Managing your folks’ money: 5 steps
Even if you think you’re well prepared to take over an aging parent’s finances you’d better read this guide.
(Money Magazine) — Ever since Yvette Mesquita took over her father’s finances, she’s felt as if she’s had two jobs.
Two years ago, Bill Mesquita’s longtime companion died. Overcome with grief, he wasn’t able to keep up with day-to-day tasks like bill paying. Before Yvette and her two sisters realized what was happening, their dad had racked up $30,000 in credit-card debt.
Mesquita, a 43-year-old parks employee in Tolleson, Ariz., lives about 90 minutes from her now 71-year-old father, so the bulk of the financial management fell to her.
She convinced her dad to cut up his credit cards and refinance his mortgage. Then she took over the bills and budgeting so she could make sure that he kept his expenses within the $40,000 or so he earns from Social Security and a pension.
Her quick action helped avert a disaster. But the process hasn’t been easy. “The red tape can get overwhelming,” she says.
When Mesquita tried to open a joint bank account with her father, for example, she figured the durable power of attorney he’d signed would be sufficient. It wasn’t. The bank had its own forms that both she and her dad had to fill out before Mesquita could act on his behalf.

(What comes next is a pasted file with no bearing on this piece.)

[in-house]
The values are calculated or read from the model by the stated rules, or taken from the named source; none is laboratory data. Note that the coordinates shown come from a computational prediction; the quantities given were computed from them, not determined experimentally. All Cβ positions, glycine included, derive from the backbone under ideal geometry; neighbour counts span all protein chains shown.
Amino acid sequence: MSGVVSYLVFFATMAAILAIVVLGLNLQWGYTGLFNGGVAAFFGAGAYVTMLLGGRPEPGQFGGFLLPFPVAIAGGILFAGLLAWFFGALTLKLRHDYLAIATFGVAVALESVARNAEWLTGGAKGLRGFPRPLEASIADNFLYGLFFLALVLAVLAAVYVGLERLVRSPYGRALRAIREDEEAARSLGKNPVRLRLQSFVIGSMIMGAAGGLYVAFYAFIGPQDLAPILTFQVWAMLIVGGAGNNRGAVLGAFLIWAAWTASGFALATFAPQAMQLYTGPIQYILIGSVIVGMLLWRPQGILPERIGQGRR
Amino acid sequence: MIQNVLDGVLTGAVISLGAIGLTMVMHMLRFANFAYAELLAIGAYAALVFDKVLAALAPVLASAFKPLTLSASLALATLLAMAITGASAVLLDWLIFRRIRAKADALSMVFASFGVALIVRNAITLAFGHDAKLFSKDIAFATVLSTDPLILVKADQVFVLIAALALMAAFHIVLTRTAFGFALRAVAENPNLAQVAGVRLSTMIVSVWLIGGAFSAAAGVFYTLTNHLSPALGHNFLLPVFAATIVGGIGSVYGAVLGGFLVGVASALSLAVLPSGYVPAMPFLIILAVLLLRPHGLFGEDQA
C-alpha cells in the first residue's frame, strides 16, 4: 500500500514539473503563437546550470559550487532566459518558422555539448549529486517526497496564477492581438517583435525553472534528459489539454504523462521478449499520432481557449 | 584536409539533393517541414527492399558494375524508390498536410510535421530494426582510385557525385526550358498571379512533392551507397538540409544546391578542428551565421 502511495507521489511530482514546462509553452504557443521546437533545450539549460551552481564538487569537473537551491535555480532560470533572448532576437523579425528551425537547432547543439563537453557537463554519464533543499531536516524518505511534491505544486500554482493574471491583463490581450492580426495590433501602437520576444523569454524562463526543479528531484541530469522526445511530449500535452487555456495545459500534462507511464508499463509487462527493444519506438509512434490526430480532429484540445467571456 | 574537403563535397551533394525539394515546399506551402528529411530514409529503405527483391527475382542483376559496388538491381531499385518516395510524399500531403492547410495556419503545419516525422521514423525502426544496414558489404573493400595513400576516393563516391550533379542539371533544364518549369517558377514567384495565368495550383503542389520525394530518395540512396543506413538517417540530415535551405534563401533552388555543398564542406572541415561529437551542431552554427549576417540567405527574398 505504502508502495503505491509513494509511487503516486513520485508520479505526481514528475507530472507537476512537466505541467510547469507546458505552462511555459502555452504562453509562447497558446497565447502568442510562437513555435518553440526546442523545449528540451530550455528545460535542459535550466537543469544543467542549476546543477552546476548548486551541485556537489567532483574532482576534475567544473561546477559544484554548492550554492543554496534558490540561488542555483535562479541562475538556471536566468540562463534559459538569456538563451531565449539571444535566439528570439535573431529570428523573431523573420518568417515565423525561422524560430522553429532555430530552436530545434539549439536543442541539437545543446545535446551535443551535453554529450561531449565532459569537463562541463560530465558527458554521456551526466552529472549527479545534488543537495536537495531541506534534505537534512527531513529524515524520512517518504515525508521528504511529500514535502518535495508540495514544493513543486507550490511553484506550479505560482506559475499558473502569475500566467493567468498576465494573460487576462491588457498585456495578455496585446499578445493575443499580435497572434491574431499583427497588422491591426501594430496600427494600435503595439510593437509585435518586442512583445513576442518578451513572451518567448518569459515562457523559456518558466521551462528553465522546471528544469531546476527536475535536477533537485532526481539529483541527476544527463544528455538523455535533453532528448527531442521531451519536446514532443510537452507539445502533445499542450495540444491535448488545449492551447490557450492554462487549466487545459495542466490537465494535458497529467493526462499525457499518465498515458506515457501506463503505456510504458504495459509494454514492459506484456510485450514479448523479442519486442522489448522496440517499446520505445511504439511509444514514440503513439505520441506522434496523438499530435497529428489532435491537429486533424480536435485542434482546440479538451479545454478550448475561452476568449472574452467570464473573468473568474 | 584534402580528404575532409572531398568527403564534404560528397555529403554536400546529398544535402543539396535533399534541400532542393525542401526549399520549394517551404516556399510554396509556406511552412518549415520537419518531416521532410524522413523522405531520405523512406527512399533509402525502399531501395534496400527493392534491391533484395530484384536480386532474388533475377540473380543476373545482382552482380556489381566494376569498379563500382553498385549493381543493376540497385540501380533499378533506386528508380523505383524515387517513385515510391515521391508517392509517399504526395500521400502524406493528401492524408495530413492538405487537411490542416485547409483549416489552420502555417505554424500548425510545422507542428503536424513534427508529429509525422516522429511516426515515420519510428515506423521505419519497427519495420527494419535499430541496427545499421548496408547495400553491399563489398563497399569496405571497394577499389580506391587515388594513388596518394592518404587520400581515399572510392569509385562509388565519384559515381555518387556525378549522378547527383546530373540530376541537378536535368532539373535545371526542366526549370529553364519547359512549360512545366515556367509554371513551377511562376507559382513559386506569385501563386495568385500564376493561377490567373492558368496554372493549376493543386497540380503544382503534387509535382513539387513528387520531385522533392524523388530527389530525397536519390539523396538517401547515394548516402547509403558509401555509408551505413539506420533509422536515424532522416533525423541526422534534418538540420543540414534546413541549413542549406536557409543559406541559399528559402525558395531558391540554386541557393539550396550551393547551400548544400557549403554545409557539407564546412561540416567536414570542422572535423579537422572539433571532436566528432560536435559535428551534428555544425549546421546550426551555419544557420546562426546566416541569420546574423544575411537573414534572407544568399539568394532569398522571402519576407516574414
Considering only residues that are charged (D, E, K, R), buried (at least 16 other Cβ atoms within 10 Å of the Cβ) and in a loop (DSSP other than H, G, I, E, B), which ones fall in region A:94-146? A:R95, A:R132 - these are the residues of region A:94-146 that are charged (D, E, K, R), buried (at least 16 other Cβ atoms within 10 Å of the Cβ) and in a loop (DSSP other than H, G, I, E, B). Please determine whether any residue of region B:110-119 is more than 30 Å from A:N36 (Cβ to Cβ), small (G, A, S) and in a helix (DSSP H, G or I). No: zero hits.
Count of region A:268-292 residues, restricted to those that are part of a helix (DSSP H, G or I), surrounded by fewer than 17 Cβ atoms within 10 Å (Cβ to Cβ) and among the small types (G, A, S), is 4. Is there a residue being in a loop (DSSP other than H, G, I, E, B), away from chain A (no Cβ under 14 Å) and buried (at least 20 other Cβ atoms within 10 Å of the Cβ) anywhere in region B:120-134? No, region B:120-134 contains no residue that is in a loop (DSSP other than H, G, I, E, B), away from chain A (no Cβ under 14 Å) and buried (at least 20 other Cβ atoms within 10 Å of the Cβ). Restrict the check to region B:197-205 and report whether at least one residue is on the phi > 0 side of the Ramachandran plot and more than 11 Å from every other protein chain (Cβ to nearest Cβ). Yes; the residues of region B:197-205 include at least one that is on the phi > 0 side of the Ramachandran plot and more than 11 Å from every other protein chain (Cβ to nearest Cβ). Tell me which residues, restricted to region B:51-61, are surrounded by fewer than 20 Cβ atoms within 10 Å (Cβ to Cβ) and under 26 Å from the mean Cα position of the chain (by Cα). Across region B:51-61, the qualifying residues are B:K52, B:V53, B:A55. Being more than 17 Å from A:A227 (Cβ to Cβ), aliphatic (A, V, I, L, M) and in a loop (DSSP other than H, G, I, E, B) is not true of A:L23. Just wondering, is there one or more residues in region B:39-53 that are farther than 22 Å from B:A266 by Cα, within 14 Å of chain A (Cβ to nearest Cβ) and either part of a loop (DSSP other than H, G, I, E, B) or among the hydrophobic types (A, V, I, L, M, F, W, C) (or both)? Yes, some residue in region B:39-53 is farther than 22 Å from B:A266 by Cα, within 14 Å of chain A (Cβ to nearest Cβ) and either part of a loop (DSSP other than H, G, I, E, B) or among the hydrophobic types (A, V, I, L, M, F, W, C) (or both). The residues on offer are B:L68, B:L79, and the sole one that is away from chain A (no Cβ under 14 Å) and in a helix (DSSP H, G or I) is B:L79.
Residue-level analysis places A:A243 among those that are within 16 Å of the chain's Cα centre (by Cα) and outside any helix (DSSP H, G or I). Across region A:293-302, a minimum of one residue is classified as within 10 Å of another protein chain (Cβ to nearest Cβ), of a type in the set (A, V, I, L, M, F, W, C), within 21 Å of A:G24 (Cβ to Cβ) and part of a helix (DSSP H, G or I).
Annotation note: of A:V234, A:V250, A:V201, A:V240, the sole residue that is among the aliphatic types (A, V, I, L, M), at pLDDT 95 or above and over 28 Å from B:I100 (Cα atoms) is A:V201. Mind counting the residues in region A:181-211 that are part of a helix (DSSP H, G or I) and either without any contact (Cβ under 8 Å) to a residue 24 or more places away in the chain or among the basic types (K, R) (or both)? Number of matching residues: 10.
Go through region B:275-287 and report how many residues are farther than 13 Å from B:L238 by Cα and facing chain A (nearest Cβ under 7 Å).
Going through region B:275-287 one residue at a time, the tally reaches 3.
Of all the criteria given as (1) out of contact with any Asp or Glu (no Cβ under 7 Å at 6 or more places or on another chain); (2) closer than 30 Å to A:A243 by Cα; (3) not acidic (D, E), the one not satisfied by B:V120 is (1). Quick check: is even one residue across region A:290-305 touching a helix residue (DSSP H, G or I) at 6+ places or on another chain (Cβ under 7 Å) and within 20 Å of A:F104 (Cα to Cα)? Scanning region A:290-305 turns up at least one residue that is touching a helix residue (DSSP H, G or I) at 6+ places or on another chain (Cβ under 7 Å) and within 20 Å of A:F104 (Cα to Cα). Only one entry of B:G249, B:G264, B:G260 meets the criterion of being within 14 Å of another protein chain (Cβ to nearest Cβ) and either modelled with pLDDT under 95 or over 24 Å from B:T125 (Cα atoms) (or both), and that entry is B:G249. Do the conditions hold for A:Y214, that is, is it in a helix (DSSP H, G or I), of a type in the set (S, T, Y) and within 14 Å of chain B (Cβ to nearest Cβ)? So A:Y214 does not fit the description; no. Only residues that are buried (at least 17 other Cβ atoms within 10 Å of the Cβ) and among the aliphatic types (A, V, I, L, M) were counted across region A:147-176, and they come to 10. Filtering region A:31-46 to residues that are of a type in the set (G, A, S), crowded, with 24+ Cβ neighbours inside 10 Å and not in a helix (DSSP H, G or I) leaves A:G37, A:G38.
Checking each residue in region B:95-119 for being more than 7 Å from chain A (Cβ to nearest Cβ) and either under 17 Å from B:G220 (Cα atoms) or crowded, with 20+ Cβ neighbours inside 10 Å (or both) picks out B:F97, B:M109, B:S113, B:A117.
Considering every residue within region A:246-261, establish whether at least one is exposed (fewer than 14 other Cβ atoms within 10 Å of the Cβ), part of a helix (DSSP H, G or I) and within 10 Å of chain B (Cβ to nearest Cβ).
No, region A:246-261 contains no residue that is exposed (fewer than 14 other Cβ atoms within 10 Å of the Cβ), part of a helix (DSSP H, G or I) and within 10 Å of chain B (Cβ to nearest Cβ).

Her dad was able to come into the bank to do the paperwork, but the incident worried Mesquita. “I thought I had everything taken care of,” she recalls. “What if my dad had been in the hospital? I’m wondering what else the power of attorney won’t work for.”
More than 34 million people help care for a parent or elderly friend or relative, according to the AARP Public Policy Institute. Whether it’s paying the monthly bills, appealing a denied insurance claim or overseeing an investment portfolio, money management is often the first role adult children take on when they begin assisting an aging parent. Yet few families are adequately prepared.
Without advance planning, just finding files can be a massive undertaking. Often by the time you realize you need to intervene, memory loss or illness are a problem. Your parent may have misplaced statements, forgotten about accounts or, worse, let payments lapse. Even in the best of circumstances, glitches like an insufficient power of attorney are common.
To avoid adding logistical headaches to what’s already a fraught transition for both parents and children, every family should follow these five steps long before help is needed.